Cost Orders in the Fair Work Jurisdiction

16 September, 2016

In the Fair Work Commission, applicants are generally liable to pay their own costs (which may be substantial) of an unfair dismissal or general protections application. However, the law is changing, and it is now more likely that you could recover your costs in certain circumstances.


Traditionally, the Fair Work Commission has been considered a ‘no cost’ jurisdiction. The system is intended to be fair and accessible for workers, allowing them to bring a claim without the risk of being liable for costs. However, as a result of this system, frivolous and/or vexatious claims are common. Employers would often decide to settle proceedings, and “pay out” undeserving employees, instead of spending, and not recovering, thousands of dollars in costs.

The system does not always provide a fair outcome, and cost orders seek to remedy this. By making cost orders available, a successful party will be able to recover the costs they have spent in making or responding to an application.


Applications for cost orders can be brought where proceedings are commenced without reasonable cause, where a claim has no prospects of success, or where there has been an unreasonable act/omission by a party.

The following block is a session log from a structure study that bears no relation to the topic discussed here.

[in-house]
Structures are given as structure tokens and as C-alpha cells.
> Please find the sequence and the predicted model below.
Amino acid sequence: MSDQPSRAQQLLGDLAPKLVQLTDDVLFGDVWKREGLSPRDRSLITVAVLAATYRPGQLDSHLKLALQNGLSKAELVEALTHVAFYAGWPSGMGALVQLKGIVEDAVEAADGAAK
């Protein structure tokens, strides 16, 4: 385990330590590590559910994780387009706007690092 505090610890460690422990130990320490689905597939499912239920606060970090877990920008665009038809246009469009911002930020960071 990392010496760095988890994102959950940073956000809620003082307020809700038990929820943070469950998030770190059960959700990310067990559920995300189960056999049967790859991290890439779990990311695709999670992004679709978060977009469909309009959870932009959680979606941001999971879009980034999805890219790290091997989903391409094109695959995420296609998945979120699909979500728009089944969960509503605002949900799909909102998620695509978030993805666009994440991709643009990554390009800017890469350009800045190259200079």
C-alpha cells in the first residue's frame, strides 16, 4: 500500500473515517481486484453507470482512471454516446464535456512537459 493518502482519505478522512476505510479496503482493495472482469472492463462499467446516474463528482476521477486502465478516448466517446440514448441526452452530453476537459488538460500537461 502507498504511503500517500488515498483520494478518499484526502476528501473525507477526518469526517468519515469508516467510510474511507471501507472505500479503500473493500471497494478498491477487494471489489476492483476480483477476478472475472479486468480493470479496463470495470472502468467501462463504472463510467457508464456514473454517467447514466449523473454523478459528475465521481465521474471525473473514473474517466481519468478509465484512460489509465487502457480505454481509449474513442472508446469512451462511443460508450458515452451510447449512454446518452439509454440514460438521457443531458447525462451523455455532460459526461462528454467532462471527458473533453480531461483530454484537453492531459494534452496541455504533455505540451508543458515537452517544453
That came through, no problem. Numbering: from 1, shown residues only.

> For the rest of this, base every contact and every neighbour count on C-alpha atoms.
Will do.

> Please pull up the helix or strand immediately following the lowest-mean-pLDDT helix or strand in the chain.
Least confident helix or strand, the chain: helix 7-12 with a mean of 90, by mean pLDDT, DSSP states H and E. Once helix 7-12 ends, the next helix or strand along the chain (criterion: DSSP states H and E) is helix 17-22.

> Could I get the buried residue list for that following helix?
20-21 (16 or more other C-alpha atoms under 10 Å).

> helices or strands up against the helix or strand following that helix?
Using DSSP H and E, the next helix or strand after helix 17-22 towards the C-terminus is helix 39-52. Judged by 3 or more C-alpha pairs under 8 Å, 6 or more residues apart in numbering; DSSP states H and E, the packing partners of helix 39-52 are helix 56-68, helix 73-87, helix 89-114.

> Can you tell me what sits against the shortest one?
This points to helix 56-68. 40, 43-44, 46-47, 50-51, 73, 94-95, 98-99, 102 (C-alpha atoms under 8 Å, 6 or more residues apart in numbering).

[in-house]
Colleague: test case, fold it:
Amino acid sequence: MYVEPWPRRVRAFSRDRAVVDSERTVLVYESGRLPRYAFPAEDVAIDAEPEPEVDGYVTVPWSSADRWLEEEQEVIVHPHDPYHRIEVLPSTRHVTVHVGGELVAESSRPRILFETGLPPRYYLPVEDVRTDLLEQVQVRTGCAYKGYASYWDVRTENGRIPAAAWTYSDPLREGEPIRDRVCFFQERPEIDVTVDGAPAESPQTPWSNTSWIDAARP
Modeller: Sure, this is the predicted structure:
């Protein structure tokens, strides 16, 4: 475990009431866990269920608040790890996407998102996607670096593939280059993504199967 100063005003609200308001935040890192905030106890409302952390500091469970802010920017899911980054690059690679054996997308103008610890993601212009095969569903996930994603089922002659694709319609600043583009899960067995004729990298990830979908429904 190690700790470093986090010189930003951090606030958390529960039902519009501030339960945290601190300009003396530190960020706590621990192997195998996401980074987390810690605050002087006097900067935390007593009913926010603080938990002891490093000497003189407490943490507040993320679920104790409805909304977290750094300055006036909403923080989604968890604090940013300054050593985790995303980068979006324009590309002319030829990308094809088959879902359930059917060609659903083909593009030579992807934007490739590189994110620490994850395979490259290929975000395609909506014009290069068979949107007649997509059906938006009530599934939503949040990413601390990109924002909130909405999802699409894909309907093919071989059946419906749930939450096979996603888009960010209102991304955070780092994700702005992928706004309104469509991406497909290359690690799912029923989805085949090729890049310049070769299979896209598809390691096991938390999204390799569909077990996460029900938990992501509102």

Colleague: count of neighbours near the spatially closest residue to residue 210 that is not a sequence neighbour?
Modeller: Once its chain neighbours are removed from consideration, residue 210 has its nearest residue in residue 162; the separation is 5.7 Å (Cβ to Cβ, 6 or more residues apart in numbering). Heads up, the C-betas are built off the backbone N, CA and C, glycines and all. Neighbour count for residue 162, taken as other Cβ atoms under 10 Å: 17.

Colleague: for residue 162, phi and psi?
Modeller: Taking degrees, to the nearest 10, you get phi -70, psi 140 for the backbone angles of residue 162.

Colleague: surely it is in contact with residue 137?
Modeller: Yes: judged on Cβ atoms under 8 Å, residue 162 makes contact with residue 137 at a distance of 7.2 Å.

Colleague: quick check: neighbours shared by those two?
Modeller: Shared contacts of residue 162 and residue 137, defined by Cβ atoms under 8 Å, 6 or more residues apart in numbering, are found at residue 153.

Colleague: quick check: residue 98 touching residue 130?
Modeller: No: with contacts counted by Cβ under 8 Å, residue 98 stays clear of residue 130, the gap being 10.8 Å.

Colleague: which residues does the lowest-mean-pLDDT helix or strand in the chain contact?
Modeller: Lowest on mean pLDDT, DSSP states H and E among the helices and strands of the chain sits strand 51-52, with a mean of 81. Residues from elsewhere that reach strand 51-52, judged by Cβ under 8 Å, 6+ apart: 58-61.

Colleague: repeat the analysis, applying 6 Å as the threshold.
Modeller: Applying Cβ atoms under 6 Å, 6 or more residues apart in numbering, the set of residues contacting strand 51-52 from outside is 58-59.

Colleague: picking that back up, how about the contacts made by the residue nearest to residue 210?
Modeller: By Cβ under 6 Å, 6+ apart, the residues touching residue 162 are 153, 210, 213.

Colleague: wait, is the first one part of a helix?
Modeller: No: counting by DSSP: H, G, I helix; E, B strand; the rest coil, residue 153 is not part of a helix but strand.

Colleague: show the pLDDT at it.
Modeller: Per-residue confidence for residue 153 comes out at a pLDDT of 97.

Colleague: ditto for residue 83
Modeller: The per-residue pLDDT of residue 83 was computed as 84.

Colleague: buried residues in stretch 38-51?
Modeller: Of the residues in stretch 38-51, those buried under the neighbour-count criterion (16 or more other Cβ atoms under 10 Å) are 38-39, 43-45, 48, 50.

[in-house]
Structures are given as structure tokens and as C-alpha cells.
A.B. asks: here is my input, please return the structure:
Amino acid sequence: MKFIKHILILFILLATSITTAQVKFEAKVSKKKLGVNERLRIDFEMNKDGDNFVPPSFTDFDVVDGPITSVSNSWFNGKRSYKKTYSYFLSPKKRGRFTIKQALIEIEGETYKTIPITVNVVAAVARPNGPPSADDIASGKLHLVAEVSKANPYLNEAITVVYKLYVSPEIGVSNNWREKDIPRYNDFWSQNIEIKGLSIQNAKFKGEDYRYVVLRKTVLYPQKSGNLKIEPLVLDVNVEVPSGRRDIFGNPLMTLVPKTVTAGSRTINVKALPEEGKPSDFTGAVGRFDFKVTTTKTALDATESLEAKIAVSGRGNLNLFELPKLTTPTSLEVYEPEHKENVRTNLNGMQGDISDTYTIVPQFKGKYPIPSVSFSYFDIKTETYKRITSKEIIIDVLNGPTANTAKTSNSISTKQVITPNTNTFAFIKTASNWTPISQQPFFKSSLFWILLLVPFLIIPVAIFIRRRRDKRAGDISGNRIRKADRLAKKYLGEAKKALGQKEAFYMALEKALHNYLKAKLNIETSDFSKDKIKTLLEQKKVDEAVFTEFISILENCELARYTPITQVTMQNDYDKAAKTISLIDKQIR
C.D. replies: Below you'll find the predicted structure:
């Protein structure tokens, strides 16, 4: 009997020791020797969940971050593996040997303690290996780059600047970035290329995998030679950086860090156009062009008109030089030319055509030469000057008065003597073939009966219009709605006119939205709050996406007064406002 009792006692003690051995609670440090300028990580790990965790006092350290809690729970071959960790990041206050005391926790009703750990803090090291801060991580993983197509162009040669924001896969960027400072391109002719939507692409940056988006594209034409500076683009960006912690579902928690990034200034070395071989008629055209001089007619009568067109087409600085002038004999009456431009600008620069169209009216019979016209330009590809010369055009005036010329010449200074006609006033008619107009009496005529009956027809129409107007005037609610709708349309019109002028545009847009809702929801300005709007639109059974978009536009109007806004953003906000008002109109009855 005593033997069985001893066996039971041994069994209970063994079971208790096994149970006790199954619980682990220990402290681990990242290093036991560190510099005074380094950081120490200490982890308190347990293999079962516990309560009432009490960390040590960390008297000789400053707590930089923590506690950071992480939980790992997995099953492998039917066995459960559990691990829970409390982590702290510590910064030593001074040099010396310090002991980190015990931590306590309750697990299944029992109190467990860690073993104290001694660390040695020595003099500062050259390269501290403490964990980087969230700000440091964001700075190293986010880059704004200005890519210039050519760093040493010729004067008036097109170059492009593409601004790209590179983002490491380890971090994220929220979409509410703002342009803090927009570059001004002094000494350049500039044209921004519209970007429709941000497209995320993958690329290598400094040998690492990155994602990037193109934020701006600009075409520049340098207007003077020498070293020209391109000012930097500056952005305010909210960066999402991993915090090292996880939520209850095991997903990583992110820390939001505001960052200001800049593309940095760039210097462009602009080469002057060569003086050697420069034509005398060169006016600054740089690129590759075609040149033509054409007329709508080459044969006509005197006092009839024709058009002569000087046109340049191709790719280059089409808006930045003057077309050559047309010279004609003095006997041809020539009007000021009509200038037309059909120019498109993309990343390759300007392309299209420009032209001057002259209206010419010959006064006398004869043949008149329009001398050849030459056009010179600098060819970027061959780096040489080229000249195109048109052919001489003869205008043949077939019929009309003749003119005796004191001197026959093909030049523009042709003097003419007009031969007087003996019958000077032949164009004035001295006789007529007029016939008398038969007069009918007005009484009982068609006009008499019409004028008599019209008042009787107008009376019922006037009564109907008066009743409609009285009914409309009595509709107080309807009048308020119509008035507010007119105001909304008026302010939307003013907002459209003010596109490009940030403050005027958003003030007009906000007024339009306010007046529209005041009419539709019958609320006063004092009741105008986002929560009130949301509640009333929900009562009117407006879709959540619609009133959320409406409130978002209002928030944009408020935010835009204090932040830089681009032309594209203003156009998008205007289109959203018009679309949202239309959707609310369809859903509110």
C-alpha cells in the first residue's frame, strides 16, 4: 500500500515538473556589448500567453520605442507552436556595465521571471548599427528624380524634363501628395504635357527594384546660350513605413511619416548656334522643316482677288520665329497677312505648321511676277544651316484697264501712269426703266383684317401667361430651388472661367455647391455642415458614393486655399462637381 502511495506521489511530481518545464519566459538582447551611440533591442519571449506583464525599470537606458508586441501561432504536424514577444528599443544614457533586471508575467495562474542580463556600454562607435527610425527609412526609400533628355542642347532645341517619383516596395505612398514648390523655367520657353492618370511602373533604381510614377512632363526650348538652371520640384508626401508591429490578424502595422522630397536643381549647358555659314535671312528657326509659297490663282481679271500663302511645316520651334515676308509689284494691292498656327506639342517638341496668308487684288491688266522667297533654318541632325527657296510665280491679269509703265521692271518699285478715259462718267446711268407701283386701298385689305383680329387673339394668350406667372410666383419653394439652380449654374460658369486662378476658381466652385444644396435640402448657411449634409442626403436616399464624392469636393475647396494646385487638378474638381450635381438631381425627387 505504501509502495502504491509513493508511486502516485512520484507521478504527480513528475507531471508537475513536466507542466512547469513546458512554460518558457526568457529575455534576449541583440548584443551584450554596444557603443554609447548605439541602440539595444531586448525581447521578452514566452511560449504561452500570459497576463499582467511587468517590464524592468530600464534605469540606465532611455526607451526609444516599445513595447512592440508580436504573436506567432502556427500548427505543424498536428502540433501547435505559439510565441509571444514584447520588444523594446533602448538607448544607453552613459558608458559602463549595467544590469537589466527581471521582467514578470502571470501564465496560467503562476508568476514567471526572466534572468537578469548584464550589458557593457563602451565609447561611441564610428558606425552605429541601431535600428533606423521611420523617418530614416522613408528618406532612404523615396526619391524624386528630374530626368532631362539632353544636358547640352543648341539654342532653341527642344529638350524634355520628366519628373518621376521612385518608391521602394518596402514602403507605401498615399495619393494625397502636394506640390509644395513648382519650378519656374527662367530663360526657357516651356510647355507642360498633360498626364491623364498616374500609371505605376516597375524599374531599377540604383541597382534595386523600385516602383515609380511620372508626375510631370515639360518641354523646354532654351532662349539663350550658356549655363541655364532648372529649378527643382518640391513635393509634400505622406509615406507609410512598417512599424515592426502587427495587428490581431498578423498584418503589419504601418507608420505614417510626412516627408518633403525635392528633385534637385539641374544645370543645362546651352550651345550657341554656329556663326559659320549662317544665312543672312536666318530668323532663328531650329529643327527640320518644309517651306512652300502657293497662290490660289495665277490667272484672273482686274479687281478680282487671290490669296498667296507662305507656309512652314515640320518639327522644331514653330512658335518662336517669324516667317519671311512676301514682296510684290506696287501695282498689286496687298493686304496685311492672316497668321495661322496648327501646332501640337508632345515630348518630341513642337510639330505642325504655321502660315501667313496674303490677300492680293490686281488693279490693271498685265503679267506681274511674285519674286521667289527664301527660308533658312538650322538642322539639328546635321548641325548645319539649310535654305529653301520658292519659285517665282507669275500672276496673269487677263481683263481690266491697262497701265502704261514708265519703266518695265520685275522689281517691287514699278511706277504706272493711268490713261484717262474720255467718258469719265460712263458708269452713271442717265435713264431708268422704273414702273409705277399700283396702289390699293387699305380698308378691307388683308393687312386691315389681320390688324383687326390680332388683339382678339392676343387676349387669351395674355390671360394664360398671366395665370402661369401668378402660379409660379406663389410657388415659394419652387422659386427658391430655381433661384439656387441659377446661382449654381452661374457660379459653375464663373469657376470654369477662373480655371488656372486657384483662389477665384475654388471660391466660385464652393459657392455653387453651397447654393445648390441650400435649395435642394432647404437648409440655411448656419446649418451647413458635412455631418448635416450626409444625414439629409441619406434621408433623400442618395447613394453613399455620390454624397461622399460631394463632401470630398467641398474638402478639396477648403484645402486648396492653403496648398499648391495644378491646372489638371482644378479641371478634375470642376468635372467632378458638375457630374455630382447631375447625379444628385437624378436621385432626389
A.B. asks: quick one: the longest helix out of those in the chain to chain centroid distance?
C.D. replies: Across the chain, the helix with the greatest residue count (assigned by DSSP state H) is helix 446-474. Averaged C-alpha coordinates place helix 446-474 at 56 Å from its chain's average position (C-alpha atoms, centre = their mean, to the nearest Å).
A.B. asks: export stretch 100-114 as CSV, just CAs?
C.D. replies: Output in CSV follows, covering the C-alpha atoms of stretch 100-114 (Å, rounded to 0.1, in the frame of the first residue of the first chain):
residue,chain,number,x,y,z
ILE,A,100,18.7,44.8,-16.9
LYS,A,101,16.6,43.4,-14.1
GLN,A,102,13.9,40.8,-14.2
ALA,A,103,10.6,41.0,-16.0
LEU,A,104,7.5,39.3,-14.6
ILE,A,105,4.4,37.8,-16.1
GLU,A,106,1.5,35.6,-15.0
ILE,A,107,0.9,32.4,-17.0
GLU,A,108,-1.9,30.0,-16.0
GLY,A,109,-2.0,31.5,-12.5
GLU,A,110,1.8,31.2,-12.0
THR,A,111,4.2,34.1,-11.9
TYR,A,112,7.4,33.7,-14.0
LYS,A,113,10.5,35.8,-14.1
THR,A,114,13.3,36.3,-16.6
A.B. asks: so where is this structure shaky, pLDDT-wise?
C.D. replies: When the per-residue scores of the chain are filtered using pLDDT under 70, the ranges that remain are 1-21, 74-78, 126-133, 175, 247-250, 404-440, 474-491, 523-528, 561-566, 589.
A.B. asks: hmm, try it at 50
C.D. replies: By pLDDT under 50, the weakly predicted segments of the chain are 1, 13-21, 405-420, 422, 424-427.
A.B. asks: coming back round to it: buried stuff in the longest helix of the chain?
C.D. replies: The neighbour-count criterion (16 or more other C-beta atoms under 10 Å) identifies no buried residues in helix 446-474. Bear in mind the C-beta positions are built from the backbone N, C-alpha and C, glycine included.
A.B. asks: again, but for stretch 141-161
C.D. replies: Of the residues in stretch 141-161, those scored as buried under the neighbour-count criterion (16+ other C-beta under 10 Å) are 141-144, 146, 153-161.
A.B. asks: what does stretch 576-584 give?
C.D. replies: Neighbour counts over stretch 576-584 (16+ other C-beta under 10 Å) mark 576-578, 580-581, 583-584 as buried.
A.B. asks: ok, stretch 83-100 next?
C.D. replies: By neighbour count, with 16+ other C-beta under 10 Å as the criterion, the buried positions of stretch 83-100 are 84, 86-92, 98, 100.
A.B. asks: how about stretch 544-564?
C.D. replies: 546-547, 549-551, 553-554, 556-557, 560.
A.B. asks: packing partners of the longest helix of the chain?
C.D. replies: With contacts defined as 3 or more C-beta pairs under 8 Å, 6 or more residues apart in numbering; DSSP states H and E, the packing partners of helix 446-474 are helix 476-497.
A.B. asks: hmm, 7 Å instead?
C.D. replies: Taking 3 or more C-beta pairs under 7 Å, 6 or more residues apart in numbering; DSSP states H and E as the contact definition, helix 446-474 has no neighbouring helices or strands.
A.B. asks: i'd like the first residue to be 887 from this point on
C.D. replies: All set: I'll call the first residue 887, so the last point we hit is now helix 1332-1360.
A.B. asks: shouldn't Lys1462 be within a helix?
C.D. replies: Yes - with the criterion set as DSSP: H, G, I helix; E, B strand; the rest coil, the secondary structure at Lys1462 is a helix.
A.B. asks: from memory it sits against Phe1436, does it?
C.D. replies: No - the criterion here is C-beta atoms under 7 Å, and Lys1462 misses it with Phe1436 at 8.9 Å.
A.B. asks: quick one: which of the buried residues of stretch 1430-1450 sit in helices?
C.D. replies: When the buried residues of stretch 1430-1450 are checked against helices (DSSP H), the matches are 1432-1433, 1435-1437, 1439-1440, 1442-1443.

An unreasonable act has even been held to include an unreasonable refusal of a settlement offer. For example, in the matter of Post v NTI Limited [2016] 1059, an employee unreasonably refused a number of settlement offers, including the maximum of 26 weeks compensation. It was further found that his claim had no prospects of success.

What does this mean for Employers?

The rising prominence of cost orders means that employers are now able to contest unmeritous or vexatious claims with the knowledge that their costs may be recoverable. It may be said that the system now more fairly balances the interests of employers. The risk of a cost order also provides a stronger deterrent for employees seeking to bring claims with no reasonable prospects of success. If you are an employer, and need advice concerning an application under the Fair Work Act, contact Access Law Group to arrange a consultation.

What does this mean for Employees?

The ability to recover costs means that employees can now commence proceedings knowing that some of their costs may be recoverable. This evens the playing field between employees and employers, who often have “unlimited” resources to defend such claims. However, the possibility of a cost order being awarded also means that employees should carefully consider the merit of their claim prior to filing an application.

Prior to commencing a claim, an employee should seek legal advice. Access Law Group have extensive experience in workplace and industrial law, and can assist you with your unfair dismissal or general protections application.